Friday, April 01, 2005

Goodbye Pope John Paul

Before I was two, when Dublin was a flood of flared trousers, psychedelic fabric and my mum still had long glossy black hair, I'm told I saw the Pope when he was helicoptered in to Maynooth, where my parents still clung onto the dream they had bought a house in what would be a suburb of Dublin.

It's not a memory I share with them, but there is no denying that growing up in Dublin in the eighties meant living in the last vestiges of Catholic Ireland. The churches were brimming and children dreamed of the piles of ten penny bags, cool-pops, stinger bars and dip-daps that would result from their Communion money.

Pictures of the Pope blessing the good Catholic unions hung in many of my friends houses. I didn't know the man and I've never been religious. On 5-7 Live tonight there was talk of 1,000 people going to a mass in the Pro Cathedral for the Pope. Vox-pops of men and women hoping that the pope won't die or wishing his successor the best of luck.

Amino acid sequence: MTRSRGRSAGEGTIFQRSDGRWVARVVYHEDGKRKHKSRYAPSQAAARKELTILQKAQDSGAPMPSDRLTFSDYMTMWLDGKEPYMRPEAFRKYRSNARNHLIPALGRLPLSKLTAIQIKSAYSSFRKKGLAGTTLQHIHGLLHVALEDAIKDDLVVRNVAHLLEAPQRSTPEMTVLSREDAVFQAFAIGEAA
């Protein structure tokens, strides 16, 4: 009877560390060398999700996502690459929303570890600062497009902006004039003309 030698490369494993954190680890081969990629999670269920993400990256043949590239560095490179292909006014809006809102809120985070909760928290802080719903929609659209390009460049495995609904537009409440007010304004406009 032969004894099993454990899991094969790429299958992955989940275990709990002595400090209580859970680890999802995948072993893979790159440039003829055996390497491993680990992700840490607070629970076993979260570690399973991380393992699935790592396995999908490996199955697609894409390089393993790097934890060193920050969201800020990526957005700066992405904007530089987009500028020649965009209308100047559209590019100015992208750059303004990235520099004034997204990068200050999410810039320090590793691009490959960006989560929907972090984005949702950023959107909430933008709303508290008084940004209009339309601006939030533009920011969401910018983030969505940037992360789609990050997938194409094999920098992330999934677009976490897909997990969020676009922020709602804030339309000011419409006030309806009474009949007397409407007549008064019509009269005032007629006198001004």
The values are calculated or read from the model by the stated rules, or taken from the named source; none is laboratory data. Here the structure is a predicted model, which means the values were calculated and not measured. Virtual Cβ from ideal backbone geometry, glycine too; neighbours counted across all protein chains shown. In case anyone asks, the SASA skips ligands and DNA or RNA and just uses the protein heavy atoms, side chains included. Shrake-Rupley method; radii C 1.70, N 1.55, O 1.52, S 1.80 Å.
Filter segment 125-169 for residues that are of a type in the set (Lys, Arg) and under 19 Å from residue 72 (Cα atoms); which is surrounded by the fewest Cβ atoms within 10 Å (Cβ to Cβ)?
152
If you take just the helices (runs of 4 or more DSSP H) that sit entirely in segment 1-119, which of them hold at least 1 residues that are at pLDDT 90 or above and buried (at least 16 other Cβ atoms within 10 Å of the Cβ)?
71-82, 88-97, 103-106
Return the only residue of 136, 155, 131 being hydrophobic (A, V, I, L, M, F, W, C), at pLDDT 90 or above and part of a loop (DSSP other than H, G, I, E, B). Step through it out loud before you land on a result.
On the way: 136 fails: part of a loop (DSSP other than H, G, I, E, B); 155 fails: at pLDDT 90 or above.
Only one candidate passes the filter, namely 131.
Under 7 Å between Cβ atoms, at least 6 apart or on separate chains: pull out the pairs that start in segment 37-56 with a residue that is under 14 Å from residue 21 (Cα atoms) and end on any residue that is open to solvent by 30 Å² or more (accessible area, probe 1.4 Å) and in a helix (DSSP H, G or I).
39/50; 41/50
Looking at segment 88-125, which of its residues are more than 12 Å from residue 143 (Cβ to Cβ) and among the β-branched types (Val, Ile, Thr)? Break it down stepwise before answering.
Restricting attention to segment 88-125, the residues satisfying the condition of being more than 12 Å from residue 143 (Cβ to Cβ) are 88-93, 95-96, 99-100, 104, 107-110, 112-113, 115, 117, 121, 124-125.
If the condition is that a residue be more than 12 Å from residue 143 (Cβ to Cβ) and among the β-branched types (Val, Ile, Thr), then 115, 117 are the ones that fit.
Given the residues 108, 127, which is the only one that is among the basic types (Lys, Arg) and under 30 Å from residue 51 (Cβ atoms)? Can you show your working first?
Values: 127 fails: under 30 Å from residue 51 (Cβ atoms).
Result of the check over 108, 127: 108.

Conflicting reports on whether he's still alive or dead. But for one moment in 1979, Pope John Paul held the equivalent of a U2 concert in the Phoenix Park. When I was a teenager I worked in a factory and an older co-worker told me that she and her mates had walked from a night-club in town to see the Pope's talk. It wouldn't happen now I don't think.

Like it, loathe it, think it irrelevant, but any death like this, where each second is commented on, is strange and I think a bit sad. So, I never knew you, but best of luck Pope John Paul, wherever you're off to.

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